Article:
Category Archives: economics

How do we think of our present time, looking to the future? The 2022 Polycrisis and what comes next

Today is a Sunday in northeastern Virginia.  It’s a very warm afternoon now, the temperature around 88°F (31°C) and humidity driving the heat index to 100°F (38°C). The cats are resting inside, sensibly basking in air conditioning after lazing on … Continue reading

Posted in climatechange, economics, futures, politics, visualization | 11 Comments

Discussing higher education, jobs, and inequality with Tony Carnevale

This past Thursday the Future Trends Forum hosted professor Anthony Carnevale, director of Georgetown University’s Center on Education and the Workforce.  Our discussion explored higher education and its many connections to economics, from how to support first-generation college students to … Continue reading

Posted in economics, Future Trends Forum | 13 Comments

Which university or college will be the first to charge $100,000 per year? Checking in on a 2018 forecast

When will the first American college or university charge $100,000 or more to attend for a year?  What might that mean for higher education? I first posed this question in 2018, during the Before Times. The gist was that a … Continue reading

Posted in economics, future of education | 8 Comments

How not to write about the costs of higher ed: another example

The economics of higher ed are notoriously complicated and even shambolic.  Approaching this Byzantine system requires a good amount of research and care just to get started.  Which means it’s very easy to write badly about the topic. Today’s case … Continue reading

Posted in economics | 8 Comments

Have master’s degrees gone too far? A critique and a discussion

Have master’s degrees become a problem? Last week New America’s education policy leader Kevin Carey gave an interview to Slate.  In it Carey and his interlocutor, Jordan Weissmann, argued that American master’s degree* programs have been corrupt and dangerous in … Continue reading

Posted in economics, enrollment, future of education, higher education | 13 Comments

Three big ed tech projects: cashing out or historic investments?

Over the past few days three big ed tech entities made major financial moves. I was struck by that coincidence and wanted to explore what the combination might means. ITEM: To start with, major online program manager (OPM) 2U purchased much of … Continue reading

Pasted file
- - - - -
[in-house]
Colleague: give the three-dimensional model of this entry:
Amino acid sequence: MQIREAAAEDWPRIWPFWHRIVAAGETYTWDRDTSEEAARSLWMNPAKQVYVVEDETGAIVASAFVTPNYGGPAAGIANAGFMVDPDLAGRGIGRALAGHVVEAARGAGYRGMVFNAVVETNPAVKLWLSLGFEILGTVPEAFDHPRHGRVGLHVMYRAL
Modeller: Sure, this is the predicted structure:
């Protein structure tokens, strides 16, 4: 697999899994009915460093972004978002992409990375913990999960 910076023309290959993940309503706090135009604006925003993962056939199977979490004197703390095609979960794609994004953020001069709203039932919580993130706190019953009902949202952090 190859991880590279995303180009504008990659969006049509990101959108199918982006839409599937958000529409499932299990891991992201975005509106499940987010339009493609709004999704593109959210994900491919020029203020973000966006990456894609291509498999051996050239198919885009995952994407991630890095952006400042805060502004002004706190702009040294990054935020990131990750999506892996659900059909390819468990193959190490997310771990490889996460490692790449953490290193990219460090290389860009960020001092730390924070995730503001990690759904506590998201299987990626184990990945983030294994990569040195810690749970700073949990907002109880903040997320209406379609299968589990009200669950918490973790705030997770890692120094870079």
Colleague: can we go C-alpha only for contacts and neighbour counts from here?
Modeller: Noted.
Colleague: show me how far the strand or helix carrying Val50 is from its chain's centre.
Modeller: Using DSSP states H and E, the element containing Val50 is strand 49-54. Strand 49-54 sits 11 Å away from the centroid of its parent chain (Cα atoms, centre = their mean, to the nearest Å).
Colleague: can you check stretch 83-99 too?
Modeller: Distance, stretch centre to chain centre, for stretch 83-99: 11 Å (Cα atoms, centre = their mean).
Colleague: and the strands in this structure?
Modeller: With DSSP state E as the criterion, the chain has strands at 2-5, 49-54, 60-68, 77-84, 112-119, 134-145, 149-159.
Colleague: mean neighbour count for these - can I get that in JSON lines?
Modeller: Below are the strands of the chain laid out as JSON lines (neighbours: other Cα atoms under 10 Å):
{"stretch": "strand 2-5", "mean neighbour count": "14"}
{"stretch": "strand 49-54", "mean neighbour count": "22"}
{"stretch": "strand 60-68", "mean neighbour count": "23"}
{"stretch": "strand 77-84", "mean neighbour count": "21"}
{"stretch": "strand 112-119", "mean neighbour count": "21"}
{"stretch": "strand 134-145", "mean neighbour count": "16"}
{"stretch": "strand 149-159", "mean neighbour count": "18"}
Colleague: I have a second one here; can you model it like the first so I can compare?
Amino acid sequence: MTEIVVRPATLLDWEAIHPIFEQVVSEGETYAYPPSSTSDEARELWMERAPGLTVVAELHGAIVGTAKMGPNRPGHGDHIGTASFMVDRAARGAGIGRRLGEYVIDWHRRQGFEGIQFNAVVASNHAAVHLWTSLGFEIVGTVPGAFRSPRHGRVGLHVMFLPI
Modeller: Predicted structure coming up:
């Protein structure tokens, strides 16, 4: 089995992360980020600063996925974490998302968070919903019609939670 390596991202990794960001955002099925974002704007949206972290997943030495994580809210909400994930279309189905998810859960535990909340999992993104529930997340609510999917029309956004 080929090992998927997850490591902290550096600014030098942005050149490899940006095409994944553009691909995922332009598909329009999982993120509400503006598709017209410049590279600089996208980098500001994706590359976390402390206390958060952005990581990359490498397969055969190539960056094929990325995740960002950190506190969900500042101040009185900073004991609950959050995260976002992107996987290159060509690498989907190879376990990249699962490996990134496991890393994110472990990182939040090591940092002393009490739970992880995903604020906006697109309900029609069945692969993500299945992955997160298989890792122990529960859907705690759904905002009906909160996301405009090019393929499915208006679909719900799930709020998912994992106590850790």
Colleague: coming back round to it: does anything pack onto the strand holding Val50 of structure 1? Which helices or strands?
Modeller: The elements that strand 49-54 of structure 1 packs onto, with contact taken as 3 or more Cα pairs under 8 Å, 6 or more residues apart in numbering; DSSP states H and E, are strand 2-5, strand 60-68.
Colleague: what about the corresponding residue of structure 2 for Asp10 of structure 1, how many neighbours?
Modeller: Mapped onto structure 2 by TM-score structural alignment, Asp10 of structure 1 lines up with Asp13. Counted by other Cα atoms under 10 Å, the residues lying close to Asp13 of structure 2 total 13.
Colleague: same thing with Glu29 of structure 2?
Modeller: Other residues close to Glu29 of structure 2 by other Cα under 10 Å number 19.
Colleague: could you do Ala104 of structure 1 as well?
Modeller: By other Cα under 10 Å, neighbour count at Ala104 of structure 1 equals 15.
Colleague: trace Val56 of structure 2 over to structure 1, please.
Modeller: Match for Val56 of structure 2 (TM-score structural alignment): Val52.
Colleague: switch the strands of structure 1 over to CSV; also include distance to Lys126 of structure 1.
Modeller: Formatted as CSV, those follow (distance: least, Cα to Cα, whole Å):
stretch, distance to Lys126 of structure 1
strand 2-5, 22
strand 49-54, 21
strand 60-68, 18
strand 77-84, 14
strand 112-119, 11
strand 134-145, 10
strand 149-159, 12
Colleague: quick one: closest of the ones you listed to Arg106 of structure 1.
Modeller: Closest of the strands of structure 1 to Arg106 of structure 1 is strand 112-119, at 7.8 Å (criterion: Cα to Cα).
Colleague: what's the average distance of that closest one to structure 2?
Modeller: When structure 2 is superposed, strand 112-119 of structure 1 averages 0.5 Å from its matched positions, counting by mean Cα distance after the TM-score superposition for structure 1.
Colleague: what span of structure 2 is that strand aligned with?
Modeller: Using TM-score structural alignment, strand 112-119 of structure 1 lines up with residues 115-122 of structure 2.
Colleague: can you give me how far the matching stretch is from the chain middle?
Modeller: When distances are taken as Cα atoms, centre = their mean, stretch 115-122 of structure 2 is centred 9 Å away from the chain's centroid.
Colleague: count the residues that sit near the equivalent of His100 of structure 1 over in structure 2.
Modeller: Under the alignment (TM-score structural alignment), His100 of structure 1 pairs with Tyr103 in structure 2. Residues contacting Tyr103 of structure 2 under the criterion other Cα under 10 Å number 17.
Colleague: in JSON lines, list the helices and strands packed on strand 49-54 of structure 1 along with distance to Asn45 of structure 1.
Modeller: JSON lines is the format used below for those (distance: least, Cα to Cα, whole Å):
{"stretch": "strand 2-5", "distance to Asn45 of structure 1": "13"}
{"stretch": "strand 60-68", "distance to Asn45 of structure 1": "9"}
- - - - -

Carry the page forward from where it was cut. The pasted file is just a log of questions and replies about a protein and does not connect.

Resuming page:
Posted in economics, education and technology | 14 Comments

American tuition discounting rose again: what that means and why it matters

Today I’m going to describe a key datapoint in higher education. To do so I need to explain a deep weirdness in how students pay for American college and university classes.  Many people have a hard time grasping this strange … Continue reading

Posted in economics, higher education, trends | 7 Comments

Which colleges and universities are cutting prices or offering other deals for the upcoming academic year?

How will higher education make the upcoming academic year work? One strategy is to offer new financial inducements to attract enrollment.  This is especially important for campuses concerned about losing students. Such inducements can take several forms.  One is as … Continue reading

Posted in economics, higher education | 19 Comments

COVID-19 guts the middle: Matt Reed on higher ed, the economy, and the pandemic

How will the pandemic reshape higher education? Matt “Dean Dad” Reed offers an intriguing model in a new column.  He posits that American colleges and universities are vulnerable to COVID-19 in a way that echoes the shape of the modern … Continue reading

Posted in coronavirus, discussions, economics, higher education | 23 Comments

Decades late, most American states start trying to attempt to start to get around to trying to spend a little more money on higher ed

Some important new data just appeared about higher ed financing. tl;dr version: there’s good news and bad news. The good news is: nearly all American states spent more on public higher ed last year than they did the year before. … Continue reading

Posted in economics, trends | 3 Comments